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Desire Lines Film Review


Directed by: #PatrickConnolly

Written by: #PatrickConnolly

Red background. Half of a woman's face. The words: 'Desire Lines' and 'A Film by Patrick Connolly'
Poster for Patrick Connolly's Film: Desire Lines

If somebody flicked on the TV and found themselves halfway through Desire Lines (directed by Patrick Connolly), they would be forgiven for thinking that they had instead just stumbled across Terrence Malick’s latest movie. The shaky handheld camerawork, the bountiful philosophy, it all feels so familiar. Luckily Connolly chooses to employ a sense of humour and it is this, the film’s acute self-awareness, that saves it from being undone by a feeling of indulgence. That isn’t a dig at Malick either, he’s probably the only person who can get away with making the films he makes, and all the while not just get away with it, but in fact produce masterful works of art (in my opinion at least). Connolly, perhaps wisely, steers clear of this territory.

Desire Lines certainly grapples with some big questions, with Honey Zeal (Camille Calvin), probably the film’s central character, conflicted about the direction in which her life is headed. She attends a meditation group somewhere in LA, on the advice of a potential new business partner, who encourages her to find some peace of mind and maybe get to the bottom of her troubles. We are soon introduced to the other members of the group and gain some insight into their lives and personalities via a serious of flashbacks and voice-over. It isn’t pretty.

Each character seems fundamentally flawed in some way or the other, and they (mostly) try to hide it. Keith Gordon (Dwight Huntsman) is probably the most engaging supporting character; he’s a veteran solider who served in Afghanistan, loves (exclusively) his cat Chi Chi, and spends his life suppressing irrational urges to sock other people in the face (including friends and family members). Incredibly dark humour, it is equal parts amusing and harrowing, with Connolly and Huntsman working well to tread that line in a convincing manner. It all makes for an interesting watch and is also reassuring to an extent. We’re seeing somebody else struggling to get their life in order and putting on a brave face whilst doing so. Though it isn’t nice to see that happen (even to a fictional character), it may help to know we’re not the only ones.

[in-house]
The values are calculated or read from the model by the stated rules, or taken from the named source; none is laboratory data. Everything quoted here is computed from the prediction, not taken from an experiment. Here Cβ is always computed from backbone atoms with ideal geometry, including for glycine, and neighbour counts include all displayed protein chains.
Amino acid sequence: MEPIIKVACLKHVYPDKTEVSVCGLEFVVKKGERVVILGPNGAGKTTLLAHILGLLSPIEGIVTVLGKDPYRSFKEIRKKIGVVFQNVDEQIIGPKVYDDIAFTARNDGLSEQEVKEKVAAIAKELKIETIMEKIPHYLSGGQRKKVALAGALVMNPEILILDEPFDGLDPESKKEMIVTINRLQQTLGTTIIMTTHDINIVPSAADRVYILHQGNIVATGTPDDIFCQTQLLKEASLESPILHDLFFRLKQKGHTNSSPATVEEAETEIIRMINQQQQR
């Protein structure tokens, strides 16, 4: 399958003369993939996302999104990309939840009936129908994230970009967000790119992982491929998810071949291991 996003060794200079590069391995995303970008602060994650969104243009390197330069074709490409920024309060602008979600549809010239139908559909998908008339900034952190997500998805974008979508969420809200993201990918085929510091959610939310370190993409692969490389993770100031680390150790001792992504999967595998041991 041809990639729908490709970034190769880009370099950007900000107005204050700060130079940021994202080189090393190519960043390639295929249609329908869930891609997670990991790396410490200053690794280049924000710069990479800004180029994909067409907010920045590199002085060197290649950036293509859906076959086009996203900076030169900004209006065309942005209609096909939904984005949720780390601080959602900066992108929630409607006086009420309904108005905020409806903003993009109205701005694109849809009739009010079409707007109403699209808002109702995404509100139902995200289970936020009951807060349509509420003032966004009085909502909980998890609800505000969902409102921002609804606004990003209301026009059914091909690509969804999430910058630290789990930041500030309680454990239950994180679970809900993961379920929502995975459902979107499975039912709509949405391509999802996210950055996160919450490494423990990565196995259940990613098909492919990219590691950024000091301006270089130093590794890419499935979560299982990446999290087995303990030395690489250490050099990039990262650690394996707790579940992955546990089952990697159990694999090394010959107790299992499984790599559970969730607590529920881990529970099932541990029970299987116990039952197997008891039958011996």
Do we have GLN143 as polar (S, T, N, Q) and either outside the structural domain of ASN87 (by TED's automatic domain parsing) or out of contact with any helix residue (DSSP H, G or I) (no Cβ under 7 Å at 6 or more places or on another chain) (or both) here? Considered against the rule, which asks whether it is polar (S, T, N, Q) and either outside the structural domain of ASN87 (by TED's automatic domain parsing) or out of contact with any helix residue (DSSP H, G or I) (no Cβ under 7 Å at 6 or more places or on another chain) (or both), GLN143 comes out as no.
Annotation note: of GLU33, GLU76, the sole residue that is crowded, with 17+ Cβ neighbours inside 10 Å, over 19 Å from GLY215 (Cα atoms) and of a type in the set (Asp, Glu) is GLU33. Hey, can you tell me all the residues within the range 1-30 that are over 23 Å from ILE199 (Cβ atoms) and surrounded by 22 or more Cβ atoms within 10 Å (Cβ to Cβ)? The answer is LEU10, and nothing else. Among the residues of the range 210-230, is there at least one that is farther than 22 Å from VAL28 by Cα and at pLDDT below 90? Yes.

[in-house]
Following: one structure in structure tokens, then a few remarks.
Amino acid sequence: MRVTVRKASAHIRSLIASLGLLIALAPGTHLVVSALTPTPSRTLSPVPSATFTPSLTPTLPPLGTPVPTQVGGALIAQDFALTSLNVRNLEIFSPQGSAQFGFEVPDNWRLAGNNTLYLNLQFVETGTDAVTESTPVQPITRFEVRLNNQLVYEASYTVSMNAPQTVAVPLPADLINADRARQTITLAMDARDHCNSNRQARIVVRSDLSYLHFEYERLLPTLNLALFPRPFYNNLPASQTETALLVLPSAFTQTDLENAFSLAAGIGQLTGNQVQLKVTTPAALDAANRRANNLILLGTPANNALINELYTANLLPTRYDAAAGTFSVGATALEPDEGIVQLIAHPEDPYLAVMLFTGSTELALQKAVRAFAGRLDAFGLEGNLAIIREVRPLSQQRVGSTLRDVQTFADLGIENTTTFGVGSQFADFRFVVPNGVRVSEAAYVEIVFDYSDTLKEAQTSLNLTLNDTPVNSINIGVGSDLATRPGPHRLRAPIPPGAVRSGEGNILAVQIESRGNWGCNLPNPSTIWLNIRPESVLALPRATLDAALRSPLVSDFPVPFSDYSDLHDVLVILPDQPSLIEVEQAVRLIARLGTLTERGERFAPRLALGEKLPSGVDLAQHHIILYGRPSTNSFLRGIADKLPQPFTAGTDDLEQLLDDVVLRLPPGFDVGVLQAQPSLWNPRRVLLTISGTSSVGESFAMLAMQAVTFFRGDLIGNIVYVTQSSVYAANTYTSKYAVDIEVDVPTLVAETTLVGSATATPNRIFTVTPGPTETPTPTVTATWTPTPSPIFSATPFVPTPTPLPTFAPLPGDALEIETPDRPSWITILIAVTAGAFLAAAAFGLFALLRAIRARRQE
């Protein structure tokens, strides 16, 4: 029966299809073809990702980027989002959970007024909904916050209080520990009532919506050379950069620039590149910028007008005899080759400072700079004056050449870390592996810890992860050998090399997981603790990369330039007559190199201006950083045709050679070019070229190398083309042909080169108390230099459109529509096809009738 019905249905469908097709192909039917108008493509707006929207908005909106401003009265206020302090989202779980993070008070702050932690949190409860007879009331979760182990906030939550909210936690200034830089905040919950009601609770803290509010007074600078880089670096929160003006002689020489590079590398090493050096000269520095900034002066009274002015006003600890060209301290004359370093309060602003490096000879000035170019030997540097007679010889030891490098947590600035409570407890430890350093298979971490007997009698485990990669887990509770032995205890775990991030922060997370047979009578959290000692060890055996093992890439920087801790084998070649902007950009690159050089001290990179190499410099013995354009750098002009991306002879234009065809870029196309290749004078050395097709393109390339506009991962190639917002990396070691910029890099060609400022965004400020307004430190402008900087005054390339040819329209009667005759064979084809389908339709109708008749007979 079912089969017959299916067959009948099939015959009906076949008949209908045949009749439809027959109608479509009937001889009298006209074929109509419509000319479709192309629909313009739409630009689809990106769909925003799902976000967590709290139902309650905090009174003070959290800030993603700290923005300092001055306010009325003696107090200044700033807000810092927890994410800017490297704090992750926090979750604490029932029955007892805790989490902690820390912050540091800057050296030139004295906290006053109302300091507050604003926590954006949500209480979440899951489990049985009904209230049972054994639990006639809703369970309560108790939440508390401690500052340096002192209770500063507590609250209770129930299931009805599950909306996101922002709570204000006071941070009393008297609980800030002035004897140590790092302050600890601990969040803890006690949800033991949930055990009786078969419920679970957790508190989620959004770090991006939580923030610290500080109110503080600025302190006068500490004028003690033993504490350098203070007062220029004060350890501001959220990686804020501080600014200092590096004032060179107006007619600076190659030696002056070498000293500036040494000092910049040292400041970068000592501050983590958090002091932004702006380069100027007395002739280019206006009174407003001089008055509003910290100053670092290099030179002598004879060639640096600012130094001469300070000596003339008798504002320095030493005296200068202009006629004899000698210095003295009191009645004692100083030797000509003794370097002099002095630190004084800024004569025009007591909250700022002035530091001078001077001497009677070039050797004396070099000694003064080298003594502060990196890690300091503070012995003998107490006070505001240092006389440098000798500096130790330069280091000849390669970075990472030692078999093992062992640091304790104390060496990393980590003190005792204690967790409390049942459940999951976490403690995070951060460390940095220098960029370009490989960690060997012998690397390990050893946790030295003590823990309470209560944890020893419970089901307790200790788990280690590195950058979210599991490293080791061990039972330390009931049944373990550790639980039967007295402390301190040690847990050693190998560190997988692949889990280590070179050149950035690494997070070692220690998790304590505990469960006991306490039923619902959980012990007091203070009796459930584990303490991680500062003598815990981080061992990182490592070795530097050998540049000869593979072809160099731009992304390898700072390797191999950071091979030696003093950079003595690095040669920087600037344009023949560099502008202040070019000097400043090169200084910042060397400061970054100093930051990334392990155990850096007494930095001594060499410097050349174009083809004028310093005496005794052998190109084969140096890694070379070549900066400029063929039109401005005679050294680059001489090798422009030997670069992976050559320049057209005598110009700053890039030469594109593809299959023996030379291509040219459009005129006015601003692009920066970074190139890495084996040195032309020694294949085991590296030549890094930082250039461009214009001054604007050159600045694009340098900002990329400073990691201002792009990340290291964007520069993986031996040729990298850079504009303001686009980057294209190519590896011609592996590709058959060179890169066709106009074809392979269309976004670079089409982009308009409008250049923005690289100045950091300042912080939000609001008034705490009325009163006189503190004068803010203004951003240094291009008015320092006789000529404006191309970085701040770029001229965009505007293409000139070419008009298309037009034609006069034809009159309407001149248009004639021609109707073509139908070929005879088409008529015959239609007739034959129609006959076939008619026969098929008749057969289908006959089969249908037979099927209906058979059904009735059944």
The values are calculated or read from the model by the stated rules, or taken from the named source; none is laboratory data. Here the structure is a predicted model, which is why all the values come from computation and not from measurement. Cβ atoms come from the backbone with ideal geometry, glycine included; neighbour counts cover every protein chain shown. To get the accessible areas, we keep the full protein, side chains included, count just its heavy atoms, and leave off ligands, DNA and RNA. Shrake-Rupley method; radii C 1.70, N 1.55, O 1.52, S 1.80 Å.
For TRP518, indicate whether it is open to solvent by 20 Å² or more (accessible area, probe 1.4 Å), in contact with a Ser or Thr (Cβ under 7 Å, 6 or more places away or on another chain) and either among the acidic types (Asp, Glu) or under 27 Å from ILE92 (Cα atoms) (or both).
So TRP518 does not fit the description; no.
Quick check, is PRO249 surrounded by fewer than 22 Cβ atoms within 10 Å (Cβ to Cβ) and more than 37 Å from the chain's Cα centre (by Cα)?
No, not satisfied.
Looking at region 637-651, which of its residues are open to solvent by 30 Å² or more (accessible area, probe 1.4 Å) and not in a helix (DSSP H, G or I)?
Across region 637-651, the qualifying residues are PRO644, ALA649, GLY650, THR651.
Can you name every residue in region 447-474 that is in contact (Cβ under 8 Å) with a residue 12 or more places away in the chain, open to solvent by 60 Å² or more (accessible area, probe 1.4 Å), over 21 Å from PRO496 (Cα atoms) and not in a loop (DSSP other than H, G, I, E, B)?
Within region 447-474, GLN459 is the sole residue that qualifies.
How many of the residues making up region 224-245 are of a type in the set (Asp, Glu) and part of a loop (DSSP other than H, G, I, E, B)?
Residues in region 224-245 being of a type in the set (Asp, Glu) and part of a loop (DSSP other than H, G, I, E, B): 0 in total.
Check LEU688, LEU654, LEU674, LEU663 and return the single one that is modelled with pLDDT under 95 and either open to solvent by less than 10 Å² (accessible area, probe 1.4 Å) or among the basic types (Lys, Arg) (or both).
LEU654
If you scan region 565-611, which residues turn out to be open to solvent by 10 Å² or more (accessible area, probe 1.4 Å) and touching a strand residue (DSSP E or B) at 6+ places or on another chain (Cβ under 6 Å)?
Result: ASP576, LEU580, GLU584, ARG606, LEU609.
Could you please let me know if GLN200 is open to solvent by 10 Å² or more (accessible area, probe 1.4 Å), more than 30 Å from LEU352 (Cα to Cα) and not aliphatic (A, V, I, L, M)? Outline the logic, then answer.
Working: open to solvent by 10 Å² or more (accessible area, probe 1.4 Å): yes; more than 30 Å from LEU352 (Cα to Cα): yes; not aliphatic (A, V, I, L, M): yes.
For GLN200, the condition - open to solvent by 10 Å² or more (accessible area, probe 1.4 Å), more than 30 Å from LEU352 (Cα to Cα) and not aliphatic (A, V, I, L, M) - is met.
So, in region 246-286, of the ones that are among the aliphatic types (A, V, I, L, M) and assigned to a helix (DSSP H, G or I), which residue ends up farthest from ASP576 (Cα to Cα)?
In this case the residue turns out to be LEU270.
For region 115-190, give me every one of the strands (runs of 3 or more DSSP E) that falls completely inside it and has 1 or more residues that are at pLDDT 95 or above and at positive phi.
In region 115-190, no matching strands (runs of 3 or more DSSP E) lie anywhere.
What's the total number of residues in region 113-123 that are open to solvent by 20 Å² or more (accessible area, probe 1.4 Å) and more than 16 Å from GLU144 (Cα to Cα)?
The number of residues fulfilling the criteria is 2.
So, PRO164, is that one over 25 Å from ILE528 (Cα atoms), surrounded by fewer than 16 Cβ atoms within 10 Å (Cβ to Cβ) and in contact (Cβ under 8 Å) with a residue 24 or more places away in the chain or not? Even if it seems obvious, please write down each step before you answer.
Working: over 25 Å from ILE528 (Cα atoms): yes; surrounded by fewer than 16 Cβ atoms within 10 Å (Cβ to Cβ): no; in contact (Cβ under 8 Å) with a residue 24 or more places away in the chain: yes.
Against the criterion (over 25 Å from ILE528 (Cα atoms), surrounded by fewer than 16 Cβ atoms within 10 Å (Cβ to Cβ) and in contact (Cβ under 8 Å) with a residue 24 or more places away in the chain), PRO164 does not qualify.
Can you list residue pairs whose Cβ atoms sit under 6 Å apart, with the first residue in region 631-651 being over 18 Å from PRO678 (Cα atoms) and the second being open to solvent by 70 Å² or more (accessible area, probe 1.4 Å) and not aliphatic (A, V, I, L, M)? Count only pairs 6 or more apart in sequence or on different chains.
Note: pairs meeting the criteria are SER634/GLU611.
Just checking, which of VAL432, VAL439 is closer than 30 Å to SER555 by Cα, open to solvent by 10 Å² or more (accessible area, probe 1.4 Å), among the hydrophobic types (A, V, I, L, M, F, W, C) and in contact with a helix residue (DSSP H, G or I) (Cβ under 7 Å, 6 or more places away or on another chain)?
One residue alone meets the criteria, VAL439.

As good as Huntsman’s performance is, however, he doesn’t quite steal the show from Calvin. Her portrayal of Honey is measured to perfection, blending the character’s humour and steel to great effect. Quite simply put, Honey feels authentic, not a cliché but like a real person (and one you wouldn’t want to mess with at that). The performances in general are very good, with Jonathan Dylan King and Nigel J. Lysaght (as Trevor Bloomquist and Joel Caldwell respectively) both effective. They somehow manage to perfectly embody repulsiveness in two vastly different manners: Trevor is crass whilst Joel is sinister. The performances all feel quite natural and this may be a reflection of the extensive rehearsals undertaken, as well as the relaxed approach to filming that was employed.

The film offers an interesting insight into the ways in which people can deploy walls so as to keep people at a distance. This can be for a number of reasons, the film suggests, and it is a fact that links together each of the characters involved in the meditation group. The film manages to balance some profundity with good humour (see the Breakfast Club reference), which ensures it's a breeze to watch at just under ninety minutes. Just like Malick, Connolly is able to use the medium to make a profound point about life, which is all the more impressive given that it’s his first full-length feature.

See trailer below:



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